• While bleary-eyed Democrats are gloating like Posties on circ day, let's go over the entirely unsurprising results of local races. Hillary made quick work of John Spencer (Blues Explosion! Get it?), Spitzer is your new and already boring governor, Cuomo crushed Pirro, and Alan Hevesi is back, uh, behind the wheel. [NYT, NYDN, NYP] • The suspect is talking, and more lurid and ultimately depressing details of the Adrienne Shelly murder are emerging. Nineteen-year-old illegal immigrant Diego Pillco says he strangled the actress with a sheet after she called him a "son of a bitch," because he took the insult literally. [NYP] • The Transit Authority is installing digital cameras on 450 city buses — and up to seven cameras per bus. We're not sure how to feel about this one, and the manufacturers are not helping much by saying things like "The bus is always recording, everywhere, all of the time." [NYDN] • The city is mulling the Lower East Side rezoning proposal that would put the kibosh on the future skyscrapers in the neighborhood. The Department of Planning says it wants new buildings capped at 80 feet (about eight stories); activists want the bar lowered to 60. No word on color restrictions. [amNY] • And finally, we'll just slavishly repeat the headline here: "Woman Hurt In 'Shake-It-Like-Shakira' Contest Sues NYC Bar." Because, really, what can be added to that? Only a lame joke about how hips make good witnesses (they don't lie). But we're above that. [WNBC]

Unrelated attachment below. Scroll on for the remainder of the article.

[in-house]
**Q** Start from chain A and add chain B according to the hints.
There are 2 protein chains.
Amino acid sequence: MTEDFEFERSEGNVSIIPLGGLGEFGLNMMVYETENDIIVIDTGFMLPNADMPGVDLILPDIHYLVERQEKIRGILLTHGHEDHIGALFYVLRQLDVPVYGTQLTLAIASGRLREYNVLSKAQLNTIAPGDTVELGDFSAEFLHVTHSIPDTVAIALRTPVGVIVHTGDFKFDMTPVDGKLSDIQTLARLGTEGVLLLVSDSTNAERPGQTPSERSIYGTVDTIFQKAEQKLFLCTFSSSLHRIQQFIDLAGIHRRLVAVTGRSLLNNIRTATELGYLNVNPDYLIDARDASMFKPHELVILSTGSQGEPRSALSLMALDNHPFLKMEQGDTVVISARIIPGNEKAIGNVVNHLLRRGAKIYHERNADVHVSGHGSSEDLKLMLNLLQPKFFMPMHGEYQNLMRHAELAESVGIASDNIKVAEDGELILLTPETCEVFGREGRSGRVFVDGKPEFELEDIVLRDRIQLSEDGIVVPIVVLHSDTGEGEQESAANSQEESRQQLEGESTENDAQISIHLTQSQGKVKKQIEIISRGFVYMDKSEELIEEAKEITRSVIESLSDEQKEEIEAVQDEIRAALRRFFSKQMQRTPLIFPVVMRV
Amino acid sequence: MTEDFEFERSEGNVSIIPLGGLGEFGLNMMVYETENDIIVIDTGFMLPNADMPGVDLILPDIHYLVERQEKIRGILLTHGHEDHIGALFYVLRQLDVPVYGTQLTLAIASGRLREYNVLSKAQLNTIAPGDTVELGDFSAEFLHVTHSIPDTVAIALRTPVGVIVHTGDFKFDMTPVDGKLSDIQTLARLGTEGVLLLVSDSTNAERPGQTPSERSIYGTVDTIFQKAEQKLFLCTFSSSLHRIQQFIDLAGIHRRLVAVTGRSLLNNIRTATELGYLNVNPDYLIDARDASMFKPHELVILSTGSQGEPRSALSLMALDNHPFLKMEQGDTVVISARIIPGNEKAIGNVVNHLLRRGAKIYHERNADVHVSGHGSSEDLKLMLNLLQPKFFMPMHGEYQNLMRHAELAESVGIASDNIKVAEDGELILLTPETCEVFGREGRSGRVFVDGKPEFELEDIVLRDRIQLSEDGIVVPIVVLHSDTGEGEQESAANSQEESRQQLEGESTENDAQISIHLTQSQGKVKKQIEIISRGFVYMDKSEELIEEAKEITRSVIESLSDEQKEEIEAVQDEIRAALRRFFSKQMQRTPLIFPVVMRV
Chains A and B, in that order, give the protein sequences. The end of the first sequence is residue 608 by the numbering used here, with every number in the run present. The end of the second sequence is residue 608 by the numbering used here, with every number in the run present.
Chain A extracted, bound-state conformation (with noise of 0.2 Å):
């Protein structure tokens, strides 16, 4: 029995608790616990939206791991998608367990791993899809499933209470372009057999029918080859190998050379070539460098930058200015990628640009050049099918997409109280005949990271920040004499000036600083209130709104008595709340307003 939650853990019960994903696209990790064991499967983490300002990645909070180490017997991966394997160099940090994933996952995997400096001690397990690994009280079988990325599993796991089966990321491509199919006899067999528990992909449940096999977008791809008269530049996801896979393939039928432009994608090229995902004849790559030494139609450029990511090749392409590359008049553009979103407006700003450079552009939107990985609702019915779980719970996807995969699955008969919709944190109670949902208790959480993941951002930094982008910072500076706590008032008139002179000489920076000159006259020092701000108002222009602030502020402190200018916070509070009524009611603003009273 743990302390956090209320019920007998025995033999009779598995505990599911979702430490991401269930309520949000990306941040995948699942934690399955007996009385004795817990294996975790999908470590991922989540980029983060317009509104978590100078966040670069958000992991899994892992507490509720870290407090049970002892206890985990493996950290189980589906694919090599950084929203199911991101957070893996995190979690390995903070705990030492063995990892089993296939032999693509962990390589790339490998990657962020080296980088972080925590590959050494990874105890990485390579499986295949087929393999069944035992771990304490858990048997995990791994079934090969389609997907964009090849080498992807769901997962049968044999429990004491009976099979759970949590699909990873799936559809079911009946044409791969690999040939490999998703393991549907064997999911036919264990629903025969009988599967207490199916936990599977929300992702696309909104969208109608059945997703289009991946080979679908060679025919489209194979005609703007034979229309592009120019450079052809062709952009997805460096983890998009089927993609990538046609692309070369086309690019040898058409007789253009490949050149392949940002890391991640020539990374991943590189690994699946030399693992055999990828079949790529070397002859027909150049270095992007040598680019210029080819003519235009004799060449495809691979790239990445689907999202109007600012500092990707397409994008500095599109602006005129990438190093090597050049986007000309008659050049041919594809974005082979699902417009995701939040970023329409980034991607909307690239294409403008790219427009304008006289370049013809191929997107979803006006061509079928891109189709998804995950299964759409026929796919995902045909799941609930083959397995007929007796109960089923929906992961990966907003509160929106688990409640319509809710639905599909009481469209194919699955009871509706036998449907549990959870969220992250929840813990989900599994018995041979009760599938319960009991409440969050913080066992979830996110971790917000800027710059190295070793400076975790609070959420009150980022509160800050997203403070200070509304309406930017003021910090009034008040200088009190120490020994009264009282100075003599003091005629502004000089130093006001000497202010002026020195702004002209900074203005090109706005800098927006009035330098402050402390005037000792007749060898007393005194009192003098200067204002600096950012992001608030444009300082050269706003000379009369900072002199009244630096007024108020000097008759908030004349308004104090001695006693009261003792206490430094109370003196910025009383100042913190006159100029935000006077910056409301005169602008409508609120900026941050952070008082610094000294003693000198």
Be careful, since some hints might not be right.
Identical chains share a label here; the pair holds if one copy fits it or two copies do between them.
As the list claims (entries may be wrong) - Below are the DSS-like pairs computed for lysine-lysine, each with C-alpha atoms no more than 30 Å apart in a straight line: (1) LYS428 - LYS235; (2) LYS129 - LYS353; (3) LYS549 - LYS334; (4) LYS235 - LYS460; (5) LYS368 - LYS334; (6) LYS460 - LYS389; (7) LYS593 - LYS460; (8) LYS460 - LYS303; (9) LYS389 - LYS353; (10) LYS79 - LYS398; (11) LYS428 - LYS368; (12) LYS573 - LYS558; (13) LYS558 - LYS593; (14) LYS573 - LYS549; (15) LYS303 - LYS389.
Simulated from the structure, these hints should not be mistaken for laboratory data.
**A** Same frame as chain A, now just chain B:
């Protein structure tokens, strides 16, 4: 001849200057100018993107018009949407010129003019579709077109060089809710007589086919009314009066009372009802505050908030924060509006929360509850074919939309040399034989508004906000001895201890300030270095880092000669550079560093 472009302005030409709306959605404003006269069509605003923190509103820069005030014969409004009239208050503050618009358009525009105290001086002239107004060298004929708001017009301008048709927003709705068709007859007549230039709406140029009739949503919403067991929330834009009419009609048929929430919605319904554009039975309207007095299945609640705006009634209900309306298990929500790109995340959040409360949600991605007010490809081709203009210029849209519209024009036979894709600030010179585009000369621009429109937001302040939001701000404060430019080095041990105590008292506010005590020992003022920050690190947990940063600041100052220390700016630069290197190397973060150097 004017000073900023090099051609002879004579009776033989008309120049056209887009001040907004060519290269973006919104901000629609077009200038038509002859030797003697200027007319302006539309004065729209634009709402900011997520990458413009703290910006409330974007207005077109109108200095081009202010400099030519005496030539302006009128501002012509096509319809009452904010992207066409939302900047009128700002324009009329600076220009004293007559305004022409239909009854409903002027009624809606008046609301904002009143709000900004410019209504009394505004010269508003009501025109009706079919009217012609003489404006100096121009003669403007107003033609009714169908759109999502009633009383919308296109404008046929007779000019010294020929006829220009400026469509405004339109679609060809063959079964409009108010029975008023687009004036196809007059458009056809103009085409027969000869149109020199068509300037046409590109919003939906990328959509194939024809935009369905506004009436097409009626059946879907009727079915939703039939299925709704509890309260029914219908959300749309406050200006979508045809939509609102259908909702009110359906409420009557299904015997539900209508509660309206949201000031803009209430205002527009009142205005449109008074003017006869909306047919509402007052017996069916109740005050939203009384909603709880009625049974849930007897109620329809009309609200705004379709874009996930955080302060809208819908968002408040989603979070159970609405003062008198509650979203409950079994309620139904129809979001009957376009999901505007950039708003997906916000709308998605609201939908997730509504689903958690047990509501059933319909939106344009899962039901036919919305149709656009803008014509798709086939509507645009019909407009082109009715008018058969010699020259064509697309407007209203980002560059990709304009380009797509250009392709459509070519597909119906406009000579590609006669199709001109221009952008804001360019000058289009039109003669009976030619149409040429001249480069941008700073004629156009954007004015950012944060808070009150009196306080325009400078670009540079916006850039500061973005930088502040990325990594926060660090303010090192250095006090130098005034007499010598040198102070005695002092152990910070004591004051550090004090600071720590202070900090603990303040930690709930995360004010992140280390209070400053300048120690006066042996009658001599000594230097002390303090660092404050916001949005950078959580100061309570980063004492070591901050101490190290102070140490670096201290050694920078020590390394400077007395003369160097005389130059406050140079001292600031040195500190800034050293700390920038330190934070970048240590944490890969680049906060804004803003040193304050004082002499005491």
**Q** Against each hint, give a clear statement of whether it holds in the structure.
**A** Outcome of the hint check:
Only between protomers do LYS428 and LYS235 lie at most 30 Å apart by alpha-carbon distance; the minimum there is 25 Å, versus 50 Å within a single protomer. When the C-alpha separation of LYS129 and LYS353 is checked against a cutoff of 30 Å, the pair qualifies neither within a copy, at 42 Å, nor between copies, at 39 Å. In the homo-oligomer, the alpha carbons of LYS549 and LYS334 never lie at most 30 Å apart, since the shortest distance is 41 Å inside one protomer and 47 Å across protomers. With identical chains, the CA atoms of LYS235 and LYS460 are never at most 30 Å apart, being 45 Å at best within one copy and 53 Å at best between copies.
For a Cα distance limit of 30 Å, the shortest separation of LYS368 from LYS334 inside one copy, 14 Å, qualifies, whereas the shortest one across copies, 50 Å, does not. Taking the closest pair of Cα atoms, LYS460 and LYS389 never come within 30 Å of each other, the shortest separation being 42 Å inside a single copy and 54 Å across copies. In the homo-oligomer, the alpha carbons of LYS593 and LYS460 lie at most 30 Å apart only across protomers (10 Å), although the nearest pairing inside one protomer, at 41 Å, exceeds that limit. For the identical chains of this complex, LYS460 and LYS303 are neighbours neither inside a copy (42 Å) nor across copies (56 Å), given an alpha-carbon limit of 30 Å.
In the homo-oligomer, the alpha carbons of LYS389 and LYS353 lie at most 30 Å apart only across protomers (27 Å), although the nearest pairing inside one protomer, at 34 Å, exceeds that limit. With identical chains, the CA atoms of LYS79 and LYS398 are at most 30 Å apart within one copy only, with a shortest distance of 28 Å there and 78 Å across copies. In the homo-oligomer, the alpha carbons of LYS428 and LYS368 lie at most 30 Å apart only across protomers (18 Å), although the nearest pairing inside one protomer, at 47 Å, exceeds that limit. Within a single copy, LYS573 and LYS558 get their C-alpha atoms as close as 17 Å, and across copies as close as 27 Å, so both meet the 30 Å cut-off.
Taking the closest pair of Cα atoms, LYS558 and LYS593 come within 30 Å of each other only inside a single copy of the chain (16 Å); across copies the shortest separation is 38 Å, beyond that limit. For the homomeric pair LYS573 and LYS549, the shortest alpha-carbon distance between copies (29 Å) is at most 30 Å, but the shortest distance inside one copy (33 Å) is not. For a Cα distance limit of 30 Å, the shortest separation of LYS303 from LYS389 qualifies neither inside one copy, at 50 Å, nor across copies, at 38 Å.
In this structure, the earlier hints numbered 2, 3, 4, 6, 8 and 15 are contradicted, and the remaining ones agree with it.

Not Sure You Can Bring Yourself to Vote for Alan Hevesi?

You're a Democrat, like virtually everyone else in the city, and so you assumed you'd be voting for Alan Hevesi. But now you're not sure you can, now that you know the state's top accountant was spending public money to chauffeur his wife. But, at the same time, can you bring yourself to vote for this other guy, Chris Callaghan? Who is he? Is he competent, or just the candidate who didn't break the law? And what if you do hold your nose and pull the Hevesi lever today, will that ensure, even if he's later removed from office, that at least some other Democrat gets the gig?